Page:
or Connect
Styleforum › Forums › Men's Style › Classic Menswear › London!
New Posts  All Forums:Forum Nav:

London!

post #1 of 13
Thread Starter 
I just had a chance to go to London this weekend come up unexpectantly. I'll be looking for shirts and brown captoes. Recommendations??? Also, I'm looking to expand from my white and occasional solid light blue dress shirts. Top recommendations for 4-5 new shirts (don't want to spend over $600)?
post #2 of 13
Quote:
I just had a chance to go to London this weekend come up unexpectantly.  I'll be looking for shirts and brown captoes.  Recommendations???  Also, I'm looking to expand from my white and occasional solid light blue dress shirts.  Top recommendations for 4-5 new shirts (don't want to spend over $600)?
Jermyn street = hilditch, harvey, turnbull....
post #3 of 13
For shoes, go to the C&J stores, either in Burlington Arcade or on Jermyn St, next to Turnbull & Asser.  Find out what styles and size are best, then order them from PLAL when you get home.  [Normally, I do not think this behavior is appropriate, since you are taking advantage of the retailer; however, in this case the retailer is in fact C&J, so it's not too bad].  Also, check in on E Green, also in Burlington Arcade, so you can consider their shoes on e-bay from British Shoes (see other topic on this site).  Alas, it's too early for you to benefit from  the UK summer sales. For shirts, I think the general consensus here is that H&K is the best Jermyn St. maker for the $; Budd (Prince's Arcade (?) between Jermyn St and Piccadilly) is also worth visiting.  However, you can order H&K directly during their sales and save $.  Harvie and Hudson, a decent brand, always seem to have a sale and a decent selection at their 2 locations on Jermyn St. Pink has gone downhill and is overpriced, and I personally have not been impressed by the Tyrwhitt and Lewin offerings, though others seem more impressed by the Tyrwhitt. The good news is they're all within a few blocks on Jermyn St., so you can form your own opinions. Honestly, though, Jantzen's Sea Island shirtings (available in solid white and blue) might be a better strategy; however, to break out of that mold, certainly there are many patterns available from the Jermyn St. companies.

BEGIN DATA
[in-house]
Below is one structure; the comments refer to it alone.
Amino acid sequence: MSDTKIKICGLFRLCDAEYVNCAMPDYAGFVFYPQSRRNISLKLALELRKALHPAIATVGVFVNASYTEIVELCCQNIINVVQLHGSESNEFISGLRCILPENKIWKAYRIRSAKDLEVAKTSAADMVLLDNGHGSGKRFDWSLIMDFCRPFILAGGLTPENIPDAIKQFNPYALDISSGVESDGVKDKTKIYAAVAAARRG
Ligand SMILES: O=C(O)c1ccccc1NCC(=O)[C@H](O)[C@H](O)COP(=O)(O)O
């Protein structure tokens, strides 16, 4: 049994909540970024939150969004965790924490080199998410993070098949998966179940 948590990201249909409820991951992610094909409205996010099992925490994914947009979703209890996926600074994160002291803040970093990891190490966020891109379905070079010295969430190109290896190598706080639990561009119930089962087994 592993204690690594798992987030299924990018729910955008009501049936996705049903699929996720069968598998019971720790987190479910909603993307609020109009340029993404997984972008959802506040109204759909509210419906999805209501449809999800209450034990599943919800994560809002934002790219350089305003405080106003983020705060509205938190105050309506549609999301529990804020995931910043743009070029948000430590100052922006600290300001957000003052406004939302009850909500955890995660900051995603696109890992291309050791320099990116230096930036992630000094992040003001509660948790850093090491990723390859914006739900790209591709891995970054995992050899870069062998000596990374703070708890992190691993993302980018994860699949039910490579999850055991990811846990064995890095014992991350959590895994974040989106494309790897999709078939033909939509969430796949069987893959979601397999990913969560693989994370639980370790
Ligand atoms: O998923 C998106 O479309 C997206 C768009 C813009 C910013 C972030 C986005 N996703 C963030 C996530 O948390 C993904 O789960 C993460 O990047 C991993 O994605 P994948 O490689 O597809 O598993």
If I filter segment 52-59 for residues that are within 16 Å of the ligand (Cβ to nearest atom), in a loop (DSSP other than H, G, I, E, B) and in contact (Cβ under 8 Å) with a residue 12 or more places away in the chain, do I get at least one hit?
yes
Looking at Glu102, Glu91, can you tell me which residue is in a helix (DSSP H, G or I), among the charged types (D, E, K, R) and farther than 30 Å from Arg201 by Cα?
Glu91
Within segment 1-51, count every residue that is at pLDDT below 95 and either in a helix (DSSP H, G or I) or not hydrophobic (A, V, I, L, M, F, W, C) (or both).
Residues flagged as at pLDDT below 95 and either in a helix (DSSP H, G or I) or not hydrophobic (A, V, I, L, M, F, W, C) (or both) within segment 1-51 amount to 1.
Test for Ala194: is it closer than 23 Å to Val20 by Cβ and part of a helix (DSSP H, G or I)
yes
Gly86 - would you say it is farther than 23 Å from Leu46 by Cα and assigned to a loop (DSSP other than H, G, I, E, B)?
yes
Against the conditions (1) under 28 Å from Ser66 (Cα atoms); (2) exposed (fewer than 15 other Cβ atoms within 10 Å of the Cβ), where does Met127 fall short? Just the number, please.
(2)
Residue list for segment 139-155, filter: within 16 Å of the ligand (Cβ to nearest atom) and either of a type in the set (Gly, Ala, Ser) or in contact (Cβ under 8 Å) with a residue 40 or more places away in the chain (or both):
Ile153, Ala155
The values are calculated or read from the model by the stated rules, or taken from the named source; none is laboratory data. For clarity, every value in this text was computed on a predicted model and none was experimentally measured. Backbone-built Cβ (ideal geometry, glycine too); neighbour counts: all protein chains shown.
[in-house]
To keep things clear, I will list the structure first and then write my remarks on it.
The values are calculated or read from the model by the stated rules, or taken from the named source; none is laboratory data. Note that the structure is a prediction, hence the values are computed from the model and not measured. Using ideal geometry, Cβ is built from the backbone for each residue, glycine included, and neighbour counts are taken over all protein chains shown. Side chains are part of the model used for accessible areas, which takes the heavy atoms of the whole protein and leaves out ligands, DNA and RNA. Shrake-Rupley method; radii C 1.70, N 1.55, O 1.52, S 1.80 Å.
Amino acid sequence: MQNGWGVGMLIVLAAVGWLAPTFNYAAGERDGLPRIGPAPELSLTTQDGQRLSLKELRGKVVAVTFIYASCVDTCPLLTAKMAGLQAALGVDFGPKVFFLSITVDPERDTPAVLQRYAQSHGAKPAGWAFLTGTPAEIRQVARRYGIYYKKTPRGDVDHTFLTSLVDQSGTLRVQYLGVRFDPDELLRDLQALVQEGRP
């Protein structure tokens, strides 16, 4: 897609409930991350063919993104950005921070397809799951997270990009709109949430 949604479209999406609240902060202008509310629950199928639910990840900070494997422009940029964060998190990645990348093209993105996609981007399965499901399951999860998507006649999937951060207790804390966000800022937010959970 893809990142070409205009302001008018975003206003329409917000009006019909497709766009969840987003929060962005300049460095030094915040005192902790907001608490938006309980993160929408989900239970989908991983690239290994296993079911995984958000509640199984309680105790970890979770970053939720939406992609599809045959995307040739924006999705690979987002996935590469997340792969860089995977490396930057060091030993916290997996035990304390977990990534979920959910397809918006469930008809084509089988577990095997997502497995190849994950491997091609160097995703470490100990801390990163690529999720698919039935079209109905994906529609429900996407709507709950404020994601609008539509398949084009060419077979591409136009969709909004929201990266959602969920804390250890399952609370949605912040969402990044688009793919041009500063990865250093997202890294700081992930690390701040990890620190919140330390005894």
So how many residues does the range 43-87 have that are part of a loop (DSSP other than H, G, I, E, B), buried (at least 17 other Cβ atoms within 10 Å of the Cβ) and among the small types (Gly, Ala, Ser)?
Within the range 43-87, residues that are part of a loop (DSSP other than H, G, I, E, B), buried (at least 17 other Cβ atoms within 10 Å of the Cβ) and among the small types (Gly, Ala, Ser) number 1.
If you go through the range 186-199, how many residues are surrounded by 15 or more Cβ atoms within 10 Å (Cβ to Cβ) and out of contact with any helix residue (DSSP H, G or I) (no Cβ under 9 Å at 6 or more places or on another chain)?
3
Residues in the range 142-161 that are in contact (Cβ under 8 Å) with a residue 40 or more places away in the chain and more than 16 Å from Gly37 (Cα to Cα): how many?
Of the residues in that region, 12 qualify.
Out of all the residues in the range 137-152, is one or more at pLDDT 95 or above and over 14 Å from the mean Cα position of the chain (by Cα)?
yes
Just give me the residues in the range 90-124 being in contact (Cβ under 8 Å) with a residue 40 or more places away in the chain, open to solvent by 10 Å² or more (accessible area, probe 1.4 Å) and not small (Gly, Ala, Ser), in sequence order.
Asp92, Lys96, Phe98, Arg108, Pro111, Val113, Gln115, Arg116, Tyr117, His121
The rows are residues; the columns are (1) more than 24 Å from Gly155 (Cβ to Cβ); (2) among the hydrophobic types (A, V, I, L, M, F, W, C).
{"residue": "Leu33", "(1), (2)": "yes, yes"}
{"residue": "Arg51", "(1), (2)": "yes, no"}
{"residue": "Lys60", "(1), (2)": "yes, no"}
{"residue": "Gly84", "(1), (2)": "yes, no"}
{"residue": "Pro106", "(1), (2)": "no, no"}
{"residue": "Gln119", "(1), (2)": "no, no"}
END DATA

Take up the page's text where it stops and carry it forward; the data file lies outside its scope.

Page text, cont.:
post #4 of 13
I've always had good luck with Harvey & Hudson. Nice shop, nice people.
post #5 of 13
xlhell: Do you know where they made their RTW shirts? I've purchased one shirt from their web-shop (www.harvieandhudson.com) and when shirt has been delivered, I've noticed suspicious omission of "Made in U.K." words on their label. Label looked exactly like on this picture: http://www.users.globalnet.co.uk/~no...ges/labels.jpg , but, again, without "Made in U.K." words on it. Andrey
post #6 of 13
I cannot realy undestand why all these firms want to say that they are based in St. James's, when they clearly are not. Jermyn Street is in the south end of Maifair, and not in St James's as Pall Mall marks the northern limit of St. James's. And Jermyn St. is just below Piccadilly, Perhaps the limits have changed, but as of today, they are certainly in Mayfair, which is a better area anyway. In actual fact this is the area of St. James's As in between Mayfair and Westminister.
post #7 of 13
kalra2411: I may have missed something. "I cannot realy undestand why all these firms want to say that they are based in St. James's, when they clearly are not." What firms say they are in St. James? The maps are illustrating St. James Park (there is also a square by the same name near by), but there are some very old firms on St. James Street just to the West of Jermyn Street. Mayfair (W1), in my mind, is North of Green Park (Piccadilly - the street not the Circus) all the way up to Oxford Street. Andy
post #8 of 13
Speaking of London, what do Jerym St. shoppers think of Aquascutum -- is it looked down upon as not up to par with Turnbull, etc.? I kind of like the cuts of their suits, but I've never heard anything about the quality.
post #9 of 13
Quote:
Jermyn Street is in the south end of Maifair, and not in St James's as Pall Mall marks the northern limit of St. James's. And Jermyn St. is just below Piccadilly,
Kalra, I think you've got something wrong. Many of the boundaries are based on old parishes. According to you, St James's Square, St James's Street, King Street, St James's and Duke Street, St James's, even the church of St James's, Piccadilly (backing onto Jermyn Street) would all be outside of St James's. Shome mishtake shurely Although not an expert on local history and old parish records, I believe Piccadilly to be the natural boundary between Mayfair and St James's.
post #10 of 13
Go straight to H&K on Jermyn St. for your shirts. (Harvie and Hudson shirts are very ordinary.) After that, head over to the Burlington arcade to Edward Green for shoes. If you don't find anything in Edward Green that takes your fancy, then try C & J on Jermyn St.. The manager at the latter runs a tight ship.
post #11 of 13
As I said, districts have changed over time, and these districts are by no means official, but for most property terms (and I have delt in a lot of property) Mayfair is maked at the south by Pall Mall, North at Oxford Street, East at Regents Street, and West at Park Lane. Whereas The Mall marks the Nort end of St James's
post #12 of 13
Quote:
The district of London commonly known as St James's is enclosed by Piccadilly, Lower Regent Street, Pall Mall, and the east side of Green Park.
That's good enough for me. http://www.jjfox.co.uk/static/19%20S...es_history.htm
post #13 of 13
So you'r now trying to tell me that St. James's Palace, and St. James's Park are below the area of St. James's, seems odd to me, perhaps you mean the area in and around St. James's Street, which is Mayfair.
New Posts  All Forums:Forum Nav:
  Return Home
  Back to Forum: Classic Menswear
Styleforum › Forums › Men's Style › Classic Menswear › London!